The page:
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GOG's Community Manager Was Fired For Offensive Tweets

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On October 22 the Twitter account for the digital gaming storefront GOG sent out a Tweet using a hashtag advocating for trans rights to try to promote its digital storefront. Though quickly deleted, it was the third in a string of offensive tweets sent this year from accounts associated with CD Projekt Red, which owns GOG. According to a new report by Eurogamer, the community manager responsible for two of them, including the October 22 Tweet, was fired the next day.

The former employee’s name is Sean Halliday, a resident of the UK who moved to Poland earlier this year to work for CD Projekt Red. He claims that while he’s sorry for the two inflammatory Tweets he sent there was never anything malicious behind them. In both cases he claimed to Eurogamer not to know the context surrounding them that made them offensive, nor to know much about Gamergate, the outrage movement that took root in 2014 which he seemed to referencing in one of them.


“We’re parting ways with you,” he says he was told by management after the October 22 Tweet. “It’s gotten too much,” was allegedly the only reason he was given.

A GOG rep declined to go into specifics with Eurogamer, saying “we’d solely like to say that we never let anyone go due to an isolated incident.”


In Eurogamer’s report, which includes a lengthy interview with Halliday over Discord, the ex-community manager recounts the thought process behind the inflammatory Tweets, how he was laid off, and how people on the internet angry about the Tweets allegedly discovered his identity and tracked down his father to say he should be fired.

The saga of bad Tweets began with one on July 17 that promoting the game Postal 2: Paradise Lost using a GIF from the game of someone peeing on a gravestone with the words “Games Journalism—Committed suicide August 28, 2014” on it, a reference to when the Gamergate hashtag began trending on Twitter. Halliday told Eurogamer he didn’t see the date on the gravestone before sending the Tweet, didn’t really know what Gamergate was (“I looked into it and that’s when I started to learn more about GamerGate,” he told Eurogamer), and only chose it to begin with because it was one of the few images from the game’s trailer that was not too violent.

He and GOG quickly deleted the tweet and issued an apology saying the reference was unintentional and it had messed up.


On August 20, the Twitter account for CD Projekt’s next game, Cyberpunk 2077, responded to a fan tweet by saying “Did you just assume their gender?” a refrain commonly used to denigrate the idea of addressing people by their preferred pronouns. It was also deleted and apologized for. Halliday told Eurogamer that this tweet was not his doing, and that the accounts for CD Projekt Red’s games are run by seperate teams, but it was still easily seen externally as part of a trend of bad tweets from the company’s social media accounts.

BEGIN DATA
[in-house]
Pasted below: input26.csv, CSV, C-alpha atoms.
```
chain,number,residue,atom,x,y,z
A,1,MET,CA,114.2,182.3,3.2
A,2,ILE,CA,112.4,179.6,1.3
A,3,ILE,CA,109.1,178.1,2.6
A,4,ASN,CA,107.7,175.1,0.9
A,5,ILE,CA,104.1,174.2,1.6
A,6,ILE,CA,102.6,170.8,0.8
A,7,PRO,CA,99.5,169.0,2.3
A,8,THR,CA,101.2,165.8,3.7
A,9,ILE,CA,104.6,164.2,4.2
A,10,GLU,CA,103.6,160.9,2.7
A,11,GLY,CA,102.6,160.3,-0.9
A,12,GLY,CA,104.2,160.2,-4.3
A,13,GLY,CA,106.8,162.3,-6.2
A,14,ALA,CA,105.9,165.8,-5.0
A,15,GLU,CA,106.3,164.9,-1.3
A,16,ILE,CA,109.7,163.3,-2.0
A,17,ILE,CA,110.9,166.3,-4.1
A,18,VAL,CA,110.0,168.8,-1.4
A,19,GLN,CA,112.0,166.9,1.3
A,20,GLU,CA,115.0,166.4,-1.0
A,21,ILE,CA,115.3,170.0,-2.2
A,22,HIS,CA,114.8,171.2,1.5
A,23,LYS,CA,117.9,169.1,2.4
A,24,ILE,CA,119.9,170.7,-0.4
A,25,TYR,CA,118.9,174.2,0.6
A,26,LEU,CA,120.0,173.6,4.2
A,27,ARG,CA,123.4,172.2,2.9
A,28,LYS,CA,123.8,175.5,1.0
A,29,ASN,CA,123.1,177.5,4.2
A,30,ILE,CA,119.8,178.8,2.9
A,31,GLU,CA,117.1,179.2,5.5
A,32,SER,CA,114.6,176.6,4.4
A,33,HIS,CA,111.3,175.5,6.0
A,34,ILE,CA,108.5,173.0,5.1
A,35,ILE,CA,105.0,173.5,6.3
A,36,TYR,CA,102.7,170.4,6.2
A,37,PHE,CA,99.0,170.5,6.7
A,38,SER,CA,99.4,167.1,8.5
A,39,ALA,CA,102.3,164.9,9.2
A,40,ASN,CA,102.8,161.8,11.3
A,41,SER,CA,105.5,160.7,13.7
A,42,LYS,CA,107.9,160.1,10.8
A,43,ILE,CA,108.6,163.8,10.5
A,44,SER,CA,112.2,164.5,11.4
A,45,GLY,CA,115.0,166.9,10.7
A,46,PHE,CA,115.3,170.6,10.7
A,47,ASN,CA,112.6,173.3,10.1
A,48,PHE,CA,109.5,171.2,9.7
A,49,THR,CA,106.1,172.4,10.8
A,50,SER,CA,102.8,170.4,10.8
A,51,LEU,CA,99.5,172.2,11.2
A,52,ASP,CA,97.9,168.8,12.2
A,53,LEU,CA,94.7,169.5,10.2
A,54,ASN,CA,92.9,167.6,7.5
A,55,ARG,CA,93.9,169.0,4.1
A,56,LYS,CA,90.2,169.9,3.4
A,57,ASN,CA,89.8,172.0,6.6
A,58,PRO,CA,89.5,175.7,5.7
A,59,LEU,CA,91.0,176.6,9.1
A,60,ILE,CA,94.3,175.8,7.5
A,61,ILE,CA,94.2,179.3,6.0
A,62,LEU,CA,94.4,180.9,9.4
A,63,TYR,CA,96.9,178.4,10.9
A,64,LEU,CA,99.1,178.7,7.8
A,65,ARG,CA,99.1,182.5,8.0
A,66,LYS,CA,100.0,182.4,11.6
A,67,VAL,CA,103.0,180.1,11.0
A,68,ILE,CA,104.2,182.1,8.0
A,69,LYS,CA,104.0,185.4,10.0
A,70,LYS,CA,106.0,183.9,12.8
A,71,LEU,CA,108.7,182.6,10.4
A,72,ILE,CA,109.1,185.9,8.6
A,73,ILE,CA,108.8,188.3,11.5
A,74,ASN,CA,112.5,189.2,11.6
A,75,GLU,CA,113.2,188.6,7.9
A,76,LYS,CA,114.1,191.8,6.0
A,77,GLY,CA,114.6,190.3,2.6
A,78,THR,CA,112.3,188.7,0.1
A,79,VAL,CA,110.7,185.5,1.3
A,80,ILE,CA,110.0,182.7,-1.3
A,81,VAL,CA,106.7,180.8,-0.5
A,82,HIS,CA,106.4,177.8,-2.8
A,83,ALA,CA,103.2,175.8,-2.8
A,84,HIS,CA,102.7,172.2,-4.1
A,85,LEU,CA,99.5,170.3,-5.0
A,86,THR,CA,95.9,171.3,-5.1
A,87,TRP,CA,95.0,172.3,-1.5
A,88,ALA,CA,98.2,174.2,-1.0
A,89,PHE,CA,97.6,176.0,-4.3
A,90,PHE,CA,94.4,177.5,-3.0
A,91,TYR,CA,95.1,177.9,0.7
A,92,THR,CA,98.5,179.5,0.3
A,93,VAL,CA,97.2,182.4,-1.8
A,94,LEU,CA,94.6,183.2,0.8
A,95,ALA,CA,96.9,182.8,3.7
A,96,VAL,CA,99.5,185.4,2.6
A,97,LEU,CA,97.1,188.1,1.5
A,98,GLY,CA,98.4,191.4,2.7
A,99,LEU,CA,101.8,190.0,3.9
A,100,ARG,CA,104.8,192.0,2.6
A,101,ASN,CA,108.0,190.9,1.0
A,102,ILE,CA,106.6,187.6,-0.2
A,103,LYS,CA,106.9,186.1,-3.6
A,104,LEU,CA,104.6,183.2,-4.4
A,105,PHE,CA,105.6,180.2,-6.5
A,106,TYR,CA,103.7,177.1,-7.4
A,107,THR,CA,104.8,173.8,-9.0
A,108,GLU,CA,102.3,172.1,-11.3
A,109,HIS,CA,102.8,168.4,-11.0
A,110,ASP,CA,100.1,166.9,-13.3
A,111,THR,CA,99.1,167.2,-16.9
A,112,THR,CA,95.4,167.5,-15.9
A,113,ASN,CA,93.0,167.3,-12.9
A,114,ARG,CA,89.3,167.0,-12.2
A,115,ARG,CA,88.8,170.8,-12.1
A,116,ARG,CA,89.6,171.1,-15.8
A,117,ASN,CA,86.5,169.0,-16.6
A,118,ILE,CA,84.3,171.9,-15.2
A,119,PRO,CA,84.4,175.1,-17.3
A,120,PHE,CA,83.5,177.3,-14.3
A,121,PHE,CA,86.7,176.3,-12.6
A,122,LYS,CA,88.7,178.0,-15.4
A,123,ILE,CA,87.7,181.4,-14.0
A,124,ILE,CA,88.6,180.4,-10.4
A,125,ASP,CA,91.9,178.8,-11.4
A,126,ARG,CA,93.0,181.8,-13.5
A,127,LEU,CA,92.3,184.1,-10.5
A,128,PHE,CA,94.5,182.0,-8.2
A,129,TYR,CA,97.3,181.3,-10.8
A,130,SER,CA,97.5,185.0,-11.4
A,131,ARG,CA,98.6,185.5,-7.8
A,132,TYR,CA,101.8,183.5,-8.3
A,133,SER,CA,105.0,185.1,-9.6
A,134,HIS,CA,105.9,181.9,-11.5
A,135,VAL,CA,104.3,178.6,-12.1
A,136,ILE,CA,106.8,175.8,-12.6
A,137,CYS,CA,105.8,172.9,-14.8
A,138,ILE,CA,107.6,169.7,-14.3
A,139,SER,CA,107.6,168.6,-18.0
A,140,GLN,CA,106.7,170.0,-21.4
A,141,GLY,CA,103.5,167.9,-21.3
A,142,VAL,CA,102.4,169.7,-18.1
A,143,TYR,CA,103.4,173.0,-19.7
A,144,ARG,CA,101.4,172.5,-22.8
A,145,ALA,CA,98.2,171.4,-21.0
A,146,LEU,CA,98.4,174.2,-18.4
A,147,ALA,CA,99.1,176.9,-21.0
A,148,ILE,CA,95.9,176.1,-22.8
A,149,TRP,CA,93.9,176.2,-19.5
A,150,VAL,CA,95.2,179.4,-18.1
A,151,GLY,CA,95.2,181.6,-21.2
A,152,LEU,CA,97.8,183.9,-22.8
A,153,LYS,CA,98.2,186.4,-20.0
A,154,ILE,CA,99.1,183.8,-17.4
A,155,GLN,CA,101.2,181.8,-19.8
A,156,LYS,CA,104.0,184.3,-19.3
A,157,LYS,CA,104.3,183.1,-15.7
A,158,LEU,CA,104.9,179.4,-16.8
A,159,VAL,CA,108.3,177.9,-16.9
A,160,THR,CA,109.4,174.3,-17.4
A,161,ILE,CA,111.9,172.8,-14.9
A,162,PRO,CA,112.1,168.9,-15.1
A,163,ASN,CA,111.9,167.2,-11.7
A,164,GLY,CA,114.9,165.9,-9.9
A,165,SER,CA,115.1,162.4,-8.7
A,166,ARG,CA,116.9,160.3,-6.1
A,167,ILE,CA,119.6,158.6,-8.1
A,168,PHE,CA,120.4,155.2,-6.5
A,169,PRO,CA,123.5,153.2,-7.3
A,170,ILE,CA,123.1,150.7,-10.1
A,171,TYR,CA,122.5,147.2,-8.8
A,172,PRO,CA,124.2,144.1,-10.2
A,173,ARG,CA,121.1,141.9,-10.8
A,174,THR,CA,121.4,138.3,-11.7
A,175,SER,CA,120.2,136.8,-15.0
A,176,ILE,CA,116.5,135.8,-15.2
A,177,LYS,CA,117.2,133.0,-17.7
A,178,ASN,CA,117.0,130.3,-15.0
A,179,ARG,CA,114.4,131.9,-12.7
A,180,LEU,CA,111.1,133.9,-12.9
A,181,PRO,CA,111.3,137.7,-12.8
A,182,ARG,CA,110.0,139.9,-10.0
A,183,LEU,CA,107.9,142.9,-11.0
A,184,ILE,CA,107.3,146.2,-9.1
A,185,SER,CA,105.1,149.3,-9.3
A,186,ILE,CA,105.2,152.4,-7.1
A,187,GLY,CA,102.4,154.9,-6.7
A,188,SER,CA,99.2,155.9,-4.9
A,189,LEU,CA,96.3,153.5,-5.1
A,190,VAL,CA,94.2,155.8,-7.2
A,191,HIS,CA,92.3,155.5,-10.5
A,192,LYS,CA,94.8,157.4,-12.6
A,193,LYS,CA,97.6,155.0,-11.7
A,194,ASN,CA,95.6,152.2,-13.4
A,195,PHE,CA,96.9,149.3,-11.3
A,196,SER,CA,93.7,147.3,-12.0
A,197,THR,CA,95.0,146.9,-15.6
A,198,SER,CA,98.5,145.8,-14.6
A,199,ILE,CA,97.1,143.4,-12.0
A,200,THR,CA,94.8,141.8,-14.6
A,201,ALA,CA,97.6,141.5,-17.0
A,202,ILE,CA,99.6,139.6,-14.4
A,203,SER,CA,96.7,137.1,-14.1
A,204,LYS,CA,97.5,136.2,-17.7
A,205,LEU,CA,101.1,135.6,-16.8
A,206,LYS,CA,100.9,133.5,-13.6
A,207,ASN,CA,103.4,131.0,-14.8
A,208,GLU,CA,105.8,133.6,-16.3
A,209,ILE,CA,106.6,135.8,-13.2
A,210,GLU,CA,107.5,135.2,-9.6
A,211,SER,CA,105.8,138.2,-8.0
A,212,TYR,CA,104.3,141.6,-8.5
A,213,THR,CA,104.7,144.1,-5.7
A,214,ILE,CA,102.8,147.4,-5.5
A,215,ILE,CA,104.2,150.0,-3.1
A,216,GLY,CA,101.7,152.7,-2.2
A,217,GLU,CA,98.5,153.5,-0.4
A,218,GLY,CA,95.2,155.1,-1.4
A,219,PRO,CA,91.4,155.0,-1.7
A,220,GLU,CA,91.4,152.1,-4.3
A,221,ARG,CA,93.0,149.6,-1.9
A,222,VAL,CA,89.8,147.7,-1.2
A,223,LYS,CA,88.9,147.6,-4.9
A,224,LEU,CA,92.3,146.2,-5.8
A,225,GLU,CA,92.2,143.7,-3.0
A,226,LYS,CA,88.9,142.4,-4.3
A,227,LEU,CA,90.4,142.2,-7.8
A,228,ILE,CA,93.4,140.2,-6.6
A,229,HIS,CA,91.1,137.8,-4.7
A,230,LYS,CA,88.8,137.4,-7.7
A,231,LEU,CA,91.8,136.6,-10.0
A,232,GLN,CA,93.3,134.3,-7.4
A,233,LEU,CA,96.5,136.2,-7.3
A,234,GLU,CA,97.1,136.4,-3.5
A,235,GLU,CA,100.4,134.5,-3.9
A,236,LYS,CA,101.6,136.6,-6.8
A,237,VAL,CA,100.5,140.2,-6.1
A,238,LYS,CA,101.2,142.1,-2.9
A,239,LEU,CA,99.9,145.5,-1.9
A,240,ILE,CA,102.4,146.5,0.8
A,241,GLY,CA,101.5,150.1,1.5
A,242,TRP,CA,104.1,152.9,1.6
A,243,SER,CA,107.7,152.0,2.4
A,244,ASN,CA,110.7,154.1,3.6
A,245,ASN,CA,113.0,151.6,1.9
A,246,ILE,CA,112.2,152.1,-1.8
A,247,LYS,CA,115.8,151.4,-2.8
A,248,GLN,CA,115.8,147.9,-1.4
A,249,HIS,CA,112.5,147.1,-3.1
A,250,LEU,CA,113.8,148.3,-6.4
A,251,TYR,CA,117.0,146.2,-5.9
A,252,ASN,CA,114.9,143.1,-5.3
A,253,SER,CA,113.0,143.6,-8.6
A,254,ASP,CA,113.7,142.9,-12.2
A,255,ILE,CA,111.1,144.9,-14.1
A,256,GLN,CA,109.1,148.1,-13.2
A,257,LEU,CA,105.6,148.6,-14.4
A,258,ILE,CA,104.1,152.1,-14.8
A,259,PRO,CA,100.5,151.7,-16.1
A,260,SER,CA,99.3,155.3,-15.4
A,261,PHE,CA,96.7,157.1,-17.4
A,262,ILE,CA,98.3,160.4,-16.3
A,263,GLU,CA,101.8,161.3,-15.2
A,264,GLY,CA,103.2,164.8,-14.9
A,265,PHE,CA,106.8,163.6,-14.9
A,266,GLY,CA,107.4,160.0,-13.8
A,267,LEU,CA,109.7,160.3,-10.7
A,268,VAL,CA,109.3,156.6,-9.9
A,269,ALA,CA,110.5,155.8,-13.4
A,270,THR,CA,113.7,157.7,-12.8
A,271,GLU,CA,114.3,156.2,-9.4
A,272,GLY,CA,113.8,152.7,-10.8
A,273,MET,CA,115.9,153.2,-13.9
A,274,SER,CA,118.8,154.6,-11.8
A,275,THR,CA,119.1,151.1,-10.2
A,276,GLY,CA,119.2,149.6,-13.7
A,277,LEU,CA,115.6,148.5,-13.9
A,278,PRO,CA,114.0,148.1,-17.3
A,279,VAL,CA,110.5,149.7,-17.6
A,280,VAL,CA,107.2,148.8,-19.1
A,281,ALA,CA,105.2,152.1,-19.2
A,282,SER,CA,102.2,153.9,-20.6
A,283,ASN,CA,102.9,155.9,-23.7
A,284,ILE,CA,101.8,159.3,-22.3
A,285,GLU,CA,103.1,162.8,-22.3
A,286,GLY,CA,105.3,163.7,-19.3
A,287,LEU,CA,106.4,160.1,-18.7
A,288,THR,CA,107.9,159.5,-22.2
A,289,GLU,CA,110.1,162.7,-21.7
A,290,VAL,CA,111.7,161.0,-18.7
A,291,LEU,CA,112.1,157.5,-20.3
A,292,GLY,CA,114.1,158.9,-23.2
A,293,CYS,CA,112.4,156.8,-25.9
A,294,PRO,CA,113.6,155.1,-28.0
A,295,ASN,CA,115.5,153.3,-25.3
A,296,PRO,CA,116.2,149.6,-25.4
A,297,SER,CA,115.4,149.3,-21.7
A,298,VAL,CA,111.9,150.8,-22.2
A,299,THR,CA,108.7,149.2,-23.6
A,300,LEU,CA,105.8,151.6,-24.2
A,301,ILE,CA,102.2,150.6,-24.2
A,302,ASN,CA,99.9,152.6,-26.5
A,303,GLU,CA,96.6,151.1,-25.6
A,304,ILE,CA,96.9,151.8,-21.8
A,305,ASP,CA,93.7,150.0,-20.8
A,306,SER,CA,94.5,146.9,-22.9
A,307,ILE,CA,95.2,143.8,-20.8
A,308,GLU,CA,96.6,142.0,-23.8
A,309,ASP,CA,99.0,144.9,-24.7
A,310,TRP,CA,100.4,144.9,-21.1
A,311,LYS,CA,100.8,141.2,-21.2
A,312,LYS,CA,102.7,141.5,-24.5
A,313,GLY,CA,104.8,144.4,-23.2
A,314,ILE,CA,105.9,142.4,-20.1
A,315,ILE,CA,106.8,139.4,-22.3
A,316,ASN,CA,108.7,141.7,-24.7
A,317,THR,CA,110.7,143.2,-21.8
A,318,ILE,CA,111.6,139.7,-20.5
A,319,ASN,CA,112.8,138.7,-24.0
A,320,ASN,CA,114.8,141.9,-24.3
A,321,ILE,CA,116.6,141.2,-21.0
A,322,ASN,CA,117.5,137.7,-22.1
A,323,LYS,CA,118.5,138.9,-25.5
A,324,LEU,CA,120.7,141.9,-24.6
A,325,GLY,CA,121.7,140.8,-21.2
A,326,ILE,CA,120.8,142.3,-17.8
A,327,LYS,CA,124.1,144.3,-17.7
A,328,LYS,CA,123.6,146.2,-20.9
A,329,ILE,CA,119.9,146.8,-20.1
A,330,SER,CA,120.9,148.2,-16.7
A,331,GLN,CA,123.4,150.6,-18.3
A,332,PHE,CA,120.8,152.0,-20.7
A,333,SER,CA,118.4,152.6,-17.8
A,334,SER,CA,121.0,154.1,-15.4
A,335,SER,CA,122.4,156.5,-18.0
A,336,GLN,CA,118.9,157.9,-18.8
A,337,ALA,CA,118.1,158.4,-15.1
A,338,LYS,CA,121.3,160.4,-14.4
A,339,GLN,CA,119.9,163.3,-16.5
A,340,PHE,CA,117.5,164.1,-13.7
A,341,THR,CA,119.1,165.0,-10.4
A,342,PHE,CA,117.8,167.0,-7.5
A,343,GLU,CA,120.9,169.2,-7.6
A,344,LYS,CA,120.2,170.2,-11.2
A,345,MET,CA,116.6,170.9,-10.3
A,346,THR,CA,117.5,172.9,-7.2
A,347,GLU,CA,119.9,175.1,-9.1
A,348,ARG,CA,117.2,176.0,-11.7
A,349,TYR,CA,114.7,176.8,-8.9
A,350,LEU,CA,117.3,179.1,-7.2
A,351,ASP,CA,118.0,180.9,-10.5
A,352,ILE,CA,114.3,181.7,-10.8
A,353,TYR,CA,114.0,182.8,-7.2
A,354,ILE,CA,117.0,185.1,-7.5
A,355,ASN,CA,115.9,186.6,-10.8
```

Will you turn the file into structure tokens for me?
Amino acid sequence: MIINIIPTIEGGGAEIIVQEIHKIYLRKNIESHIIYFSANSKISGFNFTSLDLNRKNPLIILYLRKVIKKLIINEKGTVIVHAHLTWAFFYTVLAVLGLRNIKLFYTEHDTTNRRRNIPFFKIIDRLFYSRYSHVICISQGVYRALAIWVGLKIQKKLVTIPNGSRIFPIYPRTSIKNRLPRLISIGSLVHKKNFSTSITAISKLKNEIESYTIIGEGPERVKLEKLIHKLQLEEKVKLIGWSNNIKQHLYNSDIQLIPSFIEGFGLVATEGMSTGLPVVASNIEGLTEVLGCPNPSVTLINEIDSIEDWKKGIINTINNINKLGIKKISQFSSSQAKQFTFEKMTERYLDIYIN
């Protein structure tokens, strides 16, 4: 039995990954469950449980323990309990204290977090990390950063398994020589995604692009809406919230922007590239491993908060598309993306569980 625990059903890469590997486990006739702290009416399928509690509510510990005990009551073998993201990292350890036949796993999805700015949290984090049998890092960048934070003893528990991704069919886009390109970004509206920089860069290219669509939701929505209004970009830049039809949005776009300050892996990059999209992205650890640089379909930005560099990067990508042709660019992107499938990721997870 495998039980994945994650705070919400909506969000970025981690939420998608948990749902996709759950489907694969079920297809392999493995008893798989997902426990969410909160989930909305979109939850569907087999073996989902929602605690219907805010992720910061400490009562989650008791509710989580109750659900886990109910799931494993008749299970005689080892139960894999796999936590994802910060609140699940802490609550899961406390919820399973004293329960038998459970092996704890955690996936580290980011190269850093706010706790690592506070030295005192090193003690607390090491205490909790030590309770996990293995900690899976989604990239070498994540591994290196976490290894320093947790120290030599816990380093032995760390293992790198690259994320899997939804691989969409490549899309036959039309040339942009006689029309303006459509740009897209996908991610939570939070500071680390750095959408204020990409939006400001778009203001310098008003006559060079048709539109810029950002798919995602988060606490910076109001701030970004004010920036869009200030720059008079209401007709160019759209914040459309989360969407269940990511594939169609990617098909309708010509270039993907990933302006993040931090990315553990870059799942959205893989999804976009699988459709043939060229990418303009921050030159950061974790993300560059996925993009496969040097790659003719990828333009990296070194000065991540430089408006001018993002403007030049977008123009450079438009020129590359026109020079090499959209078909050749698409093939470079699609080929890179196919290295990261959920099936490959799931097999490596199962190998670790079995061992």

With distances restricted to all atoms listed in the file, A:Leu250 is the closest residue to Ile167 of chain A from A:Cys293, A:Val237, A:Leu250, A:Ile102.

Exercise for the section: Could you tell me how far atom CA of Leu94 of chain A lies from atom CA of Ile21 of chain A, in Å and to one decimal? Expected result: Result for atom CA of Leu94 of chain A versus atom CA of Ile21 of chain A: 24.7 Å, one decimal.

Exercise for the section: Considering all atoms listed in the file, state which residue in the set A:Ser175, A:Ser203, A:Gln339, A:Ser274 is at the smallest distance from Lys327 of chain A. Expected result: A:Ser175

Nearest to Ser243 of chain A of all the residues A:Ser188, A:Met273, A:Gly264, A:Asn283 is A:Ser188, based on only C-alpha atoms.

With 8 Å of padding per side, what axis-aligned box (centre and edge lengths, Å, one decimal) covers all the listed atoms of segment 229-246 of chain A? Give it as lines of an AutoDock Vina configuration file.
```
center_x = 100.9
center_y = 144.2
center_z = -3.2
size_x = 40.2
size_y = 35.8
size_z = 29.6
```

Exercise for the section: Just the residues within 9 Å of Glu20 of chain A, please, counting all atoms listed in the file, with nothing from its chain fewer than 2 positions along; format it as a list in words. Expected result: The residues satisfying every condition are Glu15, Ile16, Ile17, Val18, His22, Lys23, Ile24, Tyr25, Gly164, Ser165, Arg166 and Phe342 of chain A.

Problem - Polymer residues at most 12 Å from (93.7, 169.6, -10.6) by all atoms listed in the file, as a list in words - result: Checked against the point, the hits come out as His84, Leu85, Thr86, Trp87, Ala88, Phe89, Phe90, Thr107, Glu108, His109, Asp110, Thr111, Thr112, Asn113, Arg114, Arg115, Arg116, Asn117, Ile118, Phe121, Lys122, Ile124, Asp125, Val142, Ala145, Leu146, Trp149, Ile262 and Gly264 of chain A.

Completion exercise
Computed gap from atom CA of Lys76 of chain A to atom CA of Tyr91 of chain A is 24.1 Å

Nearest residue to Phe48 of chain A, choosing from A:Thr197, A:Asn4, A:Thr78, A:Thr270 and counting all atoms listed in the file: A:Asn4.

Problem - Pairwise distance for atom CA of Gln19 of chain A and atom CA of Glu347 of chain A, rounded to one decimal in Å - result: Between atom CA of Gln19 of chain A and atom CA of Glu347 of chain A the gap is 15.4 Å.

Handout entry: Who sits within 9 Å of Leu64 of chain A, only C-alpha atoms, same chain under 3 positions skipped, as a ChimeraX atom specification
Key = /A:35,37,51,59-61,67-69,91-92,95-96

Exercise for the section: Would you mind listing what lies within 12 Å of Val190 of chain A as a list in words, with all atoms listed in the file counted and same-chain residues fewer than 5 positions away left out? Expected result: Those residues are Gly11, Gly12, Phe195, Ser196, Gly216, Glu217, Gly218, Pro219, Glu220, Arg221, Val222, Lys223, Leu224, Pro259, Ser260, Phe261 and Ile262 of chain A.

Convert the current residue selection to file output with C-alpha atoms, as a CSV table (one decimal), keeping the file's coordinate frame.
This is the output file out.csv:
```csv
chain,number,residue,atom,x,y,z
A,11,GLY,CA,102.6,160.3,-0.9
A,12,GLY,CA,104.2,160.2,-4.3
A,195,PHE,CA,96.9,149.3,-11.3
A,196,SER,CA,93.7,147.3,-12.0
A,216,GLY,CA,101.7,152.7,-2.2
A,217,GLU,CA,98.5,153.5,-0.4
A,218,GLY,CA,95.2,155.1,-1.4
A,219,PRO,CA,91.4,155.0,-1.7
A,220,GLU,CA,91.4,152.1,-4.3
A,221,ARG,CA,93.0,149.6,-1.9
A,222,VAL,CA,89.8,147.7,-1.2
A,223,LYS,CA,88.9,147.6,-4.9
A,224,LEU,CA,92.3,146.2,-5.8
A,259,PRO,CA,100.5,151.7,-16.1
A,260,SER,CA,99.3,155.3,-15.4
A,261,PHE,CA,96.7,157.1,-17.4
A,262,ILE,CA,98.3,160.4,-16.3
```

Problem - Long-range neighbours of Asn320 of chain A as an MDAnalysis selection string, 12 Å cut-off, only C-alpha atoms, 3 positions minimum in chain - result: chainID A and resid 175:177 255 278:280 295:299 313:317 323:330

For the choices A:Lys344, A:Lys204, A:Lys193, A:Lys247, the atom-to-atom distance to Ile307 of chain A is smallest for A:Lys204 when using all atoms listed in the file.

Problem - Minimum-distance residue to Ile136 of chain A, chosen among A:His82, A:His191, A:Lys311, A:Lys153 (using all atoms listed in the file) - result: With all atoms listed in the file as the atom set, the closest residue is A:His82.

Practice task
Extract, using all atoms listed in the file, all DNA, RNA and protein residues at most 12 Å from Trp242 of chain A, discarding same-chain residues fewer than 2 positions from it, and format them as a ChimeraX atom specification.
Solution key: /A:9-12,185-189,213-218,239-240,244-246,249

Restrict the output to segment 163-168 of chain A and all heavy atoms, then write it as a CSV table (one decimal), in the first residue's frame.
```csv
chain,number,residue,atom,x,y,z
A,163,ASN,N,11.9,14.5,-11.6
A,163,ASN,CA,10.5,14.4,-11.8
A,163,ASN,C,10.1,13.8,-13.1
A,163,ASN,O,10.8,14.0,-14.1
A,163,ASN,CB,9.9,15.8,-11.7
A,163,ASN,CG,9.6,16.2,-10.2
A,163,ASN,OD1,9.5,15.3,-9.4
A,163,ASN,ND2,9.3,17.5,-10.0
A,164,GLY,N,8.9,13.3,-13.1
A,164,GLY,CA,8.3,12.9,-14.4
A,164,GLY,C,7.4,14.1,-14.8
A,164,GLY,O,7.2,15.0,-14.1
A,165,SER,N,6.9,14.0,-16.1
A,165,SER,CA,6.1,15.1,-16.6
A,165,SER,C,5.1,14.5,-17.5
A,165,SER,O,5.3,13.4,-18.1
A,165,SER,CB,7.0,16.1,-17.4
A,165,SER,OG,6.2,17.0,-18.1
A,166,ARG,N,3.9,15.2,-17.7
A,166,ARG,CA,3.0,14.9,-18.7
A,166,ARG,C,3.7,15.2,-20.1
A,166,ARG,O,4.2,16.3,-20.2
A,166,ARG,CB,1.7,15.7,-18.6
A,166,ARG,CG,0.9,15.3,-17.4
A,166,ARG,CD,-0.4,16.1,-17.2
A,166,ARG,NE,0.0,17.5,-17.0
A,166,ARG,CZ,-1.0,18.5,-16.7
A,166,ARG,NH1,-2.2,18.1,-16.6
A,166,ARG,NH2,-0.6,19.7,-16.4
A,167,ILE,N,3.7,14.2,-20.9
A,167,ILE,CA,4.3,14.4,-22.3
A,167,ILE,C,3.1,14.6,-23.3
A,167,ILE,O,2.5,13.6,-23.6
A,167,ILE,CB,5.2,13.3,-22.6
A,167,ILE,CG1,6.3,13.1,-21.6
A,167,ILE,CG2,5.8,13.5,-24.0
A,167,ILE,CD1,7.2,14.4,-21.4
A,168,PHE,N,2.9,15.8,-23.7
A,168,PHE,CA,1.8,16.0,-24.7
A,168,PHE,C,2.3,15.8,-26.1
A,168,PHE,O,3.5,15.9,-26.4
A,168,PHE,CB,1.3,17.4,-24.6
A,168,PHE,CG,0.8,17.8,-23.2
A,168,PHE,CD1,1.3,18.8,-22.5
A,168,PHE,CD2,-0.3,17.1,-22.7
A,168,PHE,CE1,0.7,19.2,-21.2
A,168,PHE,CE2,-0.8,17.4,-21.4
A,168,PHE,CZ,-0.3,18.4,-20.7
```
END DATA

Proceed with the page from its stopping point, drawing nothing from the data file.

Then on October 22, Halliday tweeted “Classic PC games #WontBeErased on our watch,” utilizing a hashtag which had gained traction on social media following a report by The New York Times that the Trump administration was planning on trying to make it easier to discriminate against transgender people. The Tweet was again deleted, but this time they didn’t call it an apology or say they were sorry. Instead, the next day, the GOG account simply called it a mistake. “The Tweet was neither intended as a malicious attack, nor as a comment to the ongoing social debate,” it read. “GOG should focus only on games. We acknowledge that and we commit to it.”

According to Halliday, his manager told him at the time, “We are not apologising for this,” refusing to issue an apology Halliday had drafted. Instead, he said the manager issued the statement that GOG would focus only on games in the future and then fired Halliday.


In each of these instances the offensive Tweets became rallying cries for Gamergater types, and anti-political correctness people in general, both of which wanted GOG and CD Projekt Red to keep them on principle. Their eventual removal and the apologies that followed were seen by many of these people as the company giving into social justice warrior outrage.


Halliday said he has “no ill will against the LGBTQ community.” He said: “Coming from the north-east, it’s such a big mixing pot there—different genders, different sexualities, different cultures, different religions. I have no problem with it.”

He also says he wasn’t aware of Gamergate, which is a puzzling claim considering he has written two editorials in 2015 and 2016, the first of which criticized frequent Gamergate targets Anita Sarkeesian and Jonathan McIntosh, makers of the “Tropes vs. Women in Video Games” YouTube series and the second of which nailed the Gamergate talking points: “The video game media has been whipping itself on the back of late,” he wrote. “If it’s not lying to their users or giving misinformation, it’s declaring gamers ‘dead’ while lambasting certain genders and races. Should we really be so shocked that this is the next step? The sad fact is, instead of using their platforms and voice to expose non-violent games, they chose to moan and preach.” Later, he took a swing at the gaming site Polygon saying of their writers: “Cries of sexism, racism and other social issues has left their name dented a bruised.”


Both editorials have since been deleted.

Halliday told Eurogamer he is still jobless, having finally returned to his parents’ home in the UK late last week after living in Warsaw for seven months where CD Projekt Red and GOG are both based.